Evaluation of the NHS England prototype dental contracts published

dental contractsThe prototype dental contract clinical model works but more needs to be done on the business model, Professor Rooney says.

In a document published by the Department of Health and Social Care, Dental Contract Reform – Evaluation of the first year of prototyping 2016-17, the deputy chief dental officer claims progress has been made in the first year of prototyping, including improving oral health, providing appropriate care and maintaining access.

Despite this, Professor Rooney claims adjustments need to be made to the business model to help improve sustainability for practices.

‘In moving forward, it is important to consider that it is possible to continue to develop and test an approach, looking to get the best contract for all parties, but to recognise that at some point a judgement call has to be made that the approach is “good enough” for scaling up,’ the document concludes.

‘It is a balance of risk for all parties and this point has not been reached yet.’

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NHS dentistry ‘fundamentally broken’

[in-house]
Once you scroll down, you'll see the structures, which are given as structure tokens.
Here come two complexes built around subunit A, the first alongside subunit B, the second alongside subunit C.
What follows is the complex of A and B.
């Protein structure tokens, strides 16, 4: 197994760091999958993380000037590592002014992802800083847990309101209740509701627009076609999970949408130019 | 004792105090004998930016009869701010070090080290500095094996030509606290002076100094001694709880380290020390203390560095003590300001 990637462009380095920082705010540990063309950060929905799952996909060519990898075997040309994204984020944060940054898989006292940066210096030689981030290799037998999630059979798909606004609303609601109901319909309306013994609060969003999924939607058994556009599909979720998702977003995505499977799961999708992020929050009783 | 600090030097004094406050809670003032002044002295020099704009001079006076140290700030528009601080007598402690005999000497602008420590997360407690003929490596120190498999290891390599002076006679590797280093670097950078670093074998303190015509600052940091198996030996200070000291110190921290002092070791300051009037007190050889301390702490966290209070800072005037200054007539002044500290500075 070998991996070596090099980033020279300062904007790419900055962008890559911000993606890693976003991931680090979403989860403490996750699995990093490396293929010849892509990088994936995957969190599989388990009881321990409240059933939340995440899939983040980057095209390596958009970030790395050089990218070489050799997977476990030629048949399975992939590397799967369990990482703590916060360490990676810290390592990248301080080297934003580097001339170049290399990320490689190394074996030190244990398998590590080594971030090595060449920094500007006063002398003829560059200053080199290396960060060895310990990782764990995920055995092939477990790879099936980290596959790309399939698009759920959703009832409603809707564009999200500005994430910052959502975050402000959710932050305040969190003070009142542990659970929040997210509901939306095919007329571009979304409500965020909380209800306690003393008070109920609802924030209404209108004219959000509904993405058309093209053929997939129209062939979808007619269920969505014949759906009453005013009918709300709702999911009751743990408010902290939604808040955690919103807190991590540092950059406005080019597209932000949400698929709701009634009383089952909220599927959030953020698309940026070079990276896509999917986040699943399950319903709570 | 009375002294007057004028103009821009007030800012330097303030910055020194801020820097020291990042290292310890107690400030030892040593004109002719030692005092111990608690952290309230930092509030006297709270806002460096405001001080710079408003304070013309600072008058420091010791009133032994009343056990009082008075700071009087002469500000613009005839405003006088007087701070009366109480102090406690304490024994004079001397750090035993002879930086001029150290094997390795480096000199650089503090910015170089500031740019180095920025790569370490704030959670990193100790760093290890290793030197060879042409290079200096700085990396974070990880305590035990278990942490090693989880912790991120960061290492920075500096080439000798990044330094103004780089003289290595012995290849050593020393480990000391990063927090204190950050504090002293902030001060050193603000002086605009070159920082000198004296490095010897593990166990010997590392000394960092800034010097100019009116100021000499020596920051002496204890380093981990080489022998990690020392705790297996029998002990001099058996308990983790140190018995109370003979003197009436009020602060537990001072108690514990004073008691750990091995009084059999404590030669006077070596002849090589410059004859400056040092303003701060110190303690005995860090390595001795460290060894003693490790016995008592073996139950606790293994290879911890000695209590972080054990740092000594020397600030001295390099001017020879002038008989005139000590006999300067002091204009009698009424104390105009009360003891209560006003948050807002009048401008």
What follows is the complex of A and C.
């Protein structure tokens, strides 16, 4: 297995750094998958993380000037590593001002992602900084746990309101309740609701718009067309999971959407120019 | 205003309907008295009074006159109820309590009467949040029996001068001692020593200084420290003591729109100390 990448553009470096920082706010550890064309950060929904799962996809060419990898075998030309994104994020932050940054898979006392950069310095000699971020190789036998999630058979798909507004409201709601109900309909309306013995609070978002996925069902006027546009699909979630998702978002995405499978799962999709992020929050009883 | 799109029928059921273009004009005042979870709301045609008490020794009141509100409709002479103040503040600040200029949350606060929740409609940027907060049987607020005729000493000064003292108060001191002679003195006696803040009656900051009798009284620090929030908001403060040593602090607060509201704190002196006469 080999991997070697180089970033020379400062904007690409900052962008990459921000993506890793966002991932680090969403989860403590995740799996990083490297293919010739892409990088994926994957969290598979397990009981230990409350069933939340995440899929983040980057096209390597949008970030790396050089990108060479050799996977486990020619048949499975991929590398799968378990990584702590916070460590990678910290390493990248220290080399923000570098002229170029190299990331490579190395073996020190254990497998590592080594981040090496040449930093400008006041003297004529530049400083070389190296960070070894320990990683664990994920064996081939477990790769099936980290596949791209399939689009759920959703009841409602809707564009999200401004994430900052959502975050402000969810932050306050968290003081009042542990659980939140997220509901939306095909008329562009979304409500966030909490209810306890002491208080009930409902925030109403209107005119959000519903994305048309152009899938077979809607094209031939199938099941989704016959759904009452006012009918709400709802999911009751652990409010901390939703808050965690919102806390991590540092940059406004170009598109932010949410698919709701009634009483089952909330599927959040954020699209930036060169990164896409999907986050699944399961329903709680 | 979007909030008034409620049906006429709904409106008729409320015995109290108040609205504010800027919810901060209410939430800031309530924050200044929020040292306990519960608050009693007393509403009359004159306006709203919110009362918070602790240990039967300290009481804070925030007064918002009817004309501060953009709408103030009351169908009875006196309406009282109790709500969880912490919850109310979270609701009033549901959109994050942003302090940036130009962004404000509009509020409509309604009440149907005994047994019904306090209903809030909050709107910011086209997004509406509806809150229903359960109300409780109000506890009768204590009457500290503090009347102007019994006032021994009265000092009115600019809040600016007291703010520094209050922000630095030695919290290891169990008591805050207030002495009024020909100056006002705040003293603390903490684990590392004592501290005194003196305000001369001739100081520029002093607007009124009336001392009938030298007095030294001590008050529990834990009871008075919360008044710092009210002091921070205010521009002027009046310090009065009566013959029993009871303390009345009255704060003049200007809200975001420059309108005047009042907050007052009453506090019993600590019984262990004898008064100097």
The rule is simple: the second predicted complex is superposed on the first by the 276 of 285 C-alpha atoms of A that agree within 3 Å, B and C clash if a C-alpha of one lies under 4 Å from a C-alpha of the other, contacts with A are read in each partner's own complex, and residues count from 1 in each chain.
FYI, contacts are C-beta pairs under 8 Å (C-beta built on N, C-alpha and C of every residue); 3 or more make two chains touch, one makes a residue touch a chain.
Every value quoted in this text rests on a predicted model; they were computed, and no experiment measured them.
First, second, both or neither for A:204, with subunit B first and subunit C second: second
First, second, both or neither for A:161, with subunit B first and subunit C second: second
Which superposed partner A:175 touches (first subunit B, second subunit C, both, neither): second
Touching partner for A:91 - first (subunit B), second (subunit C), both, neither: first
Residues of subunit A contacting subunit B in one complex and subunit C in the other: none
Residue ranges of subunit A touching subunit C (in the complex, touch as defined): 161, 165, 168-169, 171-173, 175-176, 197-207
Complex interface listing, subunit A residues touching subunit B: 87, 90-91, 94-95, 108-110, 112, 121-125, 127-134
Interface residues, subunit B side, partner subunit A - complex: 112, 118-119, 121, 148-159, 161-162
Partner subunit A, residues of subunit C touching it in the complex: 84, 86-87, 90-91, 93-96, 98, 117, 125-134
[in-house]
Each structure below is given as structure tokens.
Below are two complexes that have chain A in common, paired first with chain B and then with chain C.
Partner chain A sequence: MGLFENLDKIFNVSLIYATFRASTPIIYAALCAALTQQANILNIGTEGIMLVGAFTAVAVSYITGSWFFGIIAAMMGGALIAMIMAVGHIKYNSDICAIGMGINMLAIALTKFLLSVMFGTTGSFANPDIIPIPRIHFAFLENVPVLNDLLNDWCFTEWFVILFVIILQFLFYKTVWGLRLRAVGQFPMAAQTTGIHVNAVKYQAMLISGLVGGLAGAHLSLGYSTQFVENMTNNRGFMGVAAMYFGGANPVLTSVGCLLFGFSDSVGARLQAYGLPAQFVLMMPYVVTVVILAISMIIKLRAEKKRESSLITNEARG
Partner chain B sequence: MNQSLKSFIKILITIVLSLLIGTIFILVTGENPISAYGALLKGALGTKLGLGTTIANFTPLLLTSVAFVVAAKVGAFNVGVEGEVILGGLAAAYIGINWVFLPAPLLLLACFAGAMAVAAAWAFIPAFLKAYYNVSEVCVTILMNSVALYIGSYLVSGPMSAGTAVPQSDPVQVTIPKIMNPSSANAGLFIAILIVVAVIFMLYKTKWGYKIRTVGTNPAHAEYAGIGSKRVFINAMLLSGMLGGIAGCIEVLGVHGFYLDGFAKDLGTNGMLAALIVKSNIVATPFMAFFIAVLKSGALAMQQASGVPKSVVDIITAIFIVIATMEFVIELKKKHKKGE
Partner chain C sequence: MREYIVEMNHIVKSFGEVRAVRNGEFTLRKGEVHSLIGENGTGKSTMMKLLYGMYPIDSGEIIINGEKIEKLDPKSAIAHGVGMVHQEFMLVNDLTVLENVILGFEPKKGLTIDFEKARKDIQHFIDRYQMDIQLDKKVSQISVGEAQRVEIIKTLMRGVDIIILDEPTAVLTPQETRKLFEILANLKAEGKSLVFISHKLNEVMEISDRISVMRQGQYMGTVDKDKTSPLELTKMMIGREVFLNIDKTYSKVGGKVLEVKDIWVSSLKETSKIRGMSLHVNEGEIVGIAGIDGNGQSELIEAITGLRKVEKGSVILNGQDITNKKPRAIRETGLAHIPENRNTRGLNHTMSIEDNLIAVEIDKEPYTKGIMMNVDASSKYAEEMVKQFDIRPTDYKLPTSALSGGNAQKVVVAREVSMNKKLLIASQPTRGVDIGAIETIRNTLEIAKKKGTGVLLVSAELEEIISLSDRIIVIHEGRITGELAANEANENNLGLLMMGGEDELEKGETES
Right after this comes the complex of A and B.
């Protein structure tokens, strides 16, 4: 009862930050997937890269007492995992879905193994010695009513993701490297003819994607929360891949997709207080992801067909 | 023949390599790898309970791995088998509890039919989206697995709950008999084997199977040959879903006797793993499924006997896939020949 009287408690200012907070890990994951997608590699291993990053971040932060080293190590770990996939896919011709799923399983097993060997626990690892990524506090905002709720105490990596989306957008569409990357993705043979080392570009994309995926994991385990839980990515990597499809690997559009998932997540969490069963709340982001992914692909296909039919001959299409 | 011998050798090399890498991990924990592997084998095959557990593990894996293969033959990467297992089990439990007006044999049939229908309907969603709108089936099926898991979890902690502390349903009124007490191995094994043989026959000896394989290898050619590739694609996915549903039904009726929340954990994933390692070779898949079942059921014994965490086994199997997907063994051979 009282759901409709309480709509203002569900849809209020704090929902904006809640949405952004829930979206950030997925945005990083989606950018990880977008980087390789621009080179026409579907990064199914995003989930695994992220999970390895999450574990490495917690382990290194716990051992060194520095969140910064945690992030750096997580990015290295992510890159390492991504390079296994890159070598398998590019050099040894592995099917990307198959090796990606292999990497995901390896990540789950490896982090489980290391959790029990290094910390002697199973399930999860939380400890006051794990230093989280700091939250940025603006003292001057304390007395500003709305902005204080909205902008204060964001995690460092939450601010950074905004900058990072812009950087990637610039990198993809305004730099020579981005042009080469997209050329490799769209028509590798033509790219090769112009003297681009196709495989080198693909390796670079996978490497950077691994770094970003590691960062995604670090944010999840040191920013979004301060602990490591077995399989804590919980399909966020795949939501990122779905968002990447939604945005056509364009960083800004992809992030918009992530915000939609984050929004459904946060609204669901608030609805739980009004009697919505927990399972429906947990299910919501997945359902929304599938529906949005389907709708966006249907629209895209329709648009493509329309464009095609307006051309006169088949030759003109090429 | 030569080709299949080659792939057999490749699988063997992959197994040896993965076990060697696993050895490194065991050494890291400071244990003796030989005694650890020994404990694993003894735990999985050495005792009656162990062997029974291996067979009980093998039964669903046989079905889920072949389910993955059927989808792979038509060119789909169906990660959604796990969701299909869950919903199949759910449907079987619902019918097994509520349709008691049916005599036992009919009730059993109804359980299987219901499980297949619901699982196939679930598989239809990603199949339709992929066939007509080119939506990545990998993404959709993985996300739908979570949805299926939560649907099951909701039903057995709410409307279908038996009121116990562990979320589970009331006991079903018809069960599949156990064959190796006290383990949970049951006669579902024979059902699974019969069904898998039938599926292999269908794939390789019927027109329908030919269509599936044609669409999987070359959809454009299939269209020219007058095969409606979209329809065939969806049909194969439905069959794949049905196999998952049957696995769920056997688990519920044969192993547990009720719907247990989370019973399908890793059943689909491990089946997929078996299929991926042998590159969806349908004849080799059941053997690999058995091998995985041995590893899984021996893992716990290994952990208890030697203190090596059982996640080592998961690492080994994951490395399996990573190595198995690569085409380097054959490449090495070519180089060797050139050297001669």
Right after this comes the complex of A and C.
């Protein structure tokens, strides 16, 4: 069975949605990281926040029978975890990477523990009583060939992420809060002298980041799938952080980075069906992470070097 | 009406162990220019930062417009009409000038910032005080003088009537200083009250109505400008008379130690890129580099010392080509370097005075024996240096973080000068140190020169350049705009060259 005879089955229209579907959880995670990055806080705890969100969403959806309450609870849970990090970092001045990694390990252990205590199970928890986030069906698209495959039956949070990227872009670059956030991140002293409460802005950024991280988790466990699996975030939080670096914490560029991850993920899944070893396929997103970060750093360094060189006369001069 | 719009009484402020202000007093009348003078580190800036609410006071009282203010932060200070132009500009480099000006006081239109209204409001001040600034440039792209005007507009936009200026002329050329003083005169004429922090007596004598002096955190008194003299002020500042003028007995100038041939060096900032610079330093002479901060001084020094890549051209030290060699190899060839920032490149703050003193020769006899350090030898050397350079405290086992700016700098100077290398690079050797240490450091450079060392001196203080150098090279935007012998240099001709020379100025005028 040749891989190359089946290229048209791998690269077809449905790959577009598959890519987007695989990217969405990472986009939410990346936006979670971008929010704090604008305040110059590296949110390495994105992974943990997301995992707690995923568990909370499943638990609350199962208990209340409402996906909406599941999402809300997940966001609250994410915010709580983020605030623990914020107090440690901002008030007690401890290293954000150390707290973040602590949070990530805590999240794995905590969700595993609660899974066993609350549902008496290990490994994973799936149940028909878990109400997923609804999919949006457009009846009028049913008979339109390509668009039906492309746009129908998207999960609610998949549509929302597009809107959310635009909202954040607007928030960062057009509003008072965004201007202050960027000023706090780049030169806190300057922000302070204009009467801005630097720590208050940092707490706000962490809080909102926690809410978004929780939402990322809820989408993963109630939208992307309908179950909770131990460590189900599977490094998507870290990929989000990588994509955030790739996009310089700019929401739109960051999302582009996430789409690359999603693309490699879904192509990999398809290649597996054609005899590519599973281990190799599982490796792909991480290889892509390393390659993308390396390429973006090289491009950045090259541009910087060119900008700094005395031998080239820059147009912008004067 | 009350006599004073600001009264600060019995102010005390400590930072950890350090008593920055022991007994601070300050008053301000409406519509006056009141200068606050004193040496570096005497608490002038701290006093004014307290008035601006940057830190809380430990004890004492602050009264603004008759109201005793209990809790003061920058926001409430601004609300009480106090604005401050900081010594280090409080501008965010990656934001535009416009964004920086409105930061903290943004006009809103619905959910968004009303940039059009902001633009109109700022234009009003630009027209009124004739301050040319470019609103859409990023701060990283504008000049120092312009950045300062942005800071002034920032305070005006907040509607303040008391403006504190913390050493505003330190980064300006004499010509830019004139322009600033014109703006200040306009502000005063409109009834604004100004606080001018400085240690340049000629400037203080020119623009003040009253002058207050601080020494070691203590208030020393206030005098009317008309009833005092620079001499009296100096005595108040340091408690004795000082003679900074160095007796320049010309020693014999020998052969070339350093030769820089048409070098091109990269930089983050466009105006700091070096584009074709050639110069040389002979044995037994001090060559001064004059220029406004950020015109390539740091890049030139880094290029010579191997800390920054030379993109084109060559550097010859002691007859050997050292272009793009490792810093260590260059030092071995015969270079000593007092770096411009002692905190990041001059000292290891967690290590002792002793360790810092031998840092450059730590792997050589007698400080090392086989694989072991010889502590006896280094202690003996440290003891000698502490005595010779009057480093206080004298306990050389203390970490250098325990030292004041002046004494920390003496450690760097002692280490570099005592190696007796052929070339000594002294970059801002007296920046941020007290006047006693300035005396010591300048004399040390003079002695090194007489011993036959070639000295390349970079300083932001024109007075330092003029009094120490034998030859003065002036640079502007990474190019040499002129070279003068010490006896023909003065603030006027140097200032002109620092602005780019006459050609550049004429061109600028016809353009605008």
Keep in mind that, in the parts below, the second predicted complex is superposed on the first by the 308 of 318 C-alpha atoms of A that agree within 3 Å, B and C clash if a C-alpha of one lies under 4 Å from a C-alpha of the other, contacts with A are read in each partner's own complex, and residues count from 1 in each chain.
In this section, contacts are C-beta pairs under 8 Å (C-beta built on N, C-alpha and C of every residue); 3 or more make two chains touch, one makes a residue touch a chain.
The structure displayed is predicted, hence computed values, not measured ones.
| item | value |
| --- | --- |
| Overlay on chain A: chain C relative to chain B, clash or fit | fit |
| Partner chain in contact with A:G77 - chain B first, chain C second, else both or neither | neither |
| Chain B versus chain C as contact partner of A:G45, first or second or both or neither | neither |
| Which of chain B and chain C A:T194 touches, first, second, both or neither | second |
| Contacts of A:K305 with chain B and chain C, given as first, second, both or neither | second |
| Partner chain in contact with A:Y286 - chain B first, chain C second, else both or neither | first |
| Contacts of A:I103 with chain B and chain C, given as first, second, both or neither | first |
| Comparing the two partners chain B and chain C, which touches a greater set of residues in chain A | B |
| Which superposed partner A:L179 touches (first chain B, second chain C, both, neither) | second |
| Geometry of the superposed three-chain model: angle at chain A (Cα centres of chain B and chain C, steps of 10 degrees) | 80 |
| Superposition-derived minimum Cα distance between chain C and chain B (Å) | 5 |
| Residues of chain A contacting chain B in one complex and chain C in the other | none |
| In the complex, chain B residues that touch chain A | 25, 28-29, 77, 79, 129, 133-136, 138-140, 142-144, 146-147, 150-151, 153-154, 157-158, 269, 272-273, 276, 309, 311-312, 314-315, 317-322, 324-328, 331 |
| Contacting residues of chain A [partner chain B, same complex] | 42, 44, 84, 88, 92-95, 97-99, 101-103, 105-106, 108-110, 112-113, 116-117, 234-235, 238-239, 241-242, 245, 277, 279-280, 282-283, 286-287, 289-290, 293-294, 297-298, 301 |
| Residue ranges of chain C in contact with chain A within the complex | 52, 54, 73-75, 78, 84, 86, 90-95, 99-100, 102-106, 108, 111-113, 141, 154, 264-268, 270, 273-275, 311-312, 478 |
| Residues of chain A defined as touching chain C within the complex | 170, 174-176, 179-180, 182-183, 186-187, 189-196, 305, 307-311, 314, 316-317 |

The British Dental Association (BDA) has agreed with the acknowledgement that the business model needs further examination.

NHS England opened calls for practices interested in taking part in the next wave of prototype contracts at the start of the year.

This is the fourth wave of NHS contract reform in England, after prototype regulations were extended for a further two years.

‘The NHS dental system is fundamentally broken,’ BDAs chair of General Dental Practice, Henrik Overgaard-Nielsen, said.

‘This report underlines why it will take more than tinkering round the edges to avoid putting NHS dentistry out of business.

‘It makes many sensible recommendations for the reform process, the Government simply needs to pull its finger out and follow them through.

‘A new preventive model of care is making real headway, but when one in four cutting-edge practices cannot make the grade Ministers must go further.

‘We have practices working on their own time to make reform work, but we cannot expect goodwill or charity to form the foundation for our health service.’


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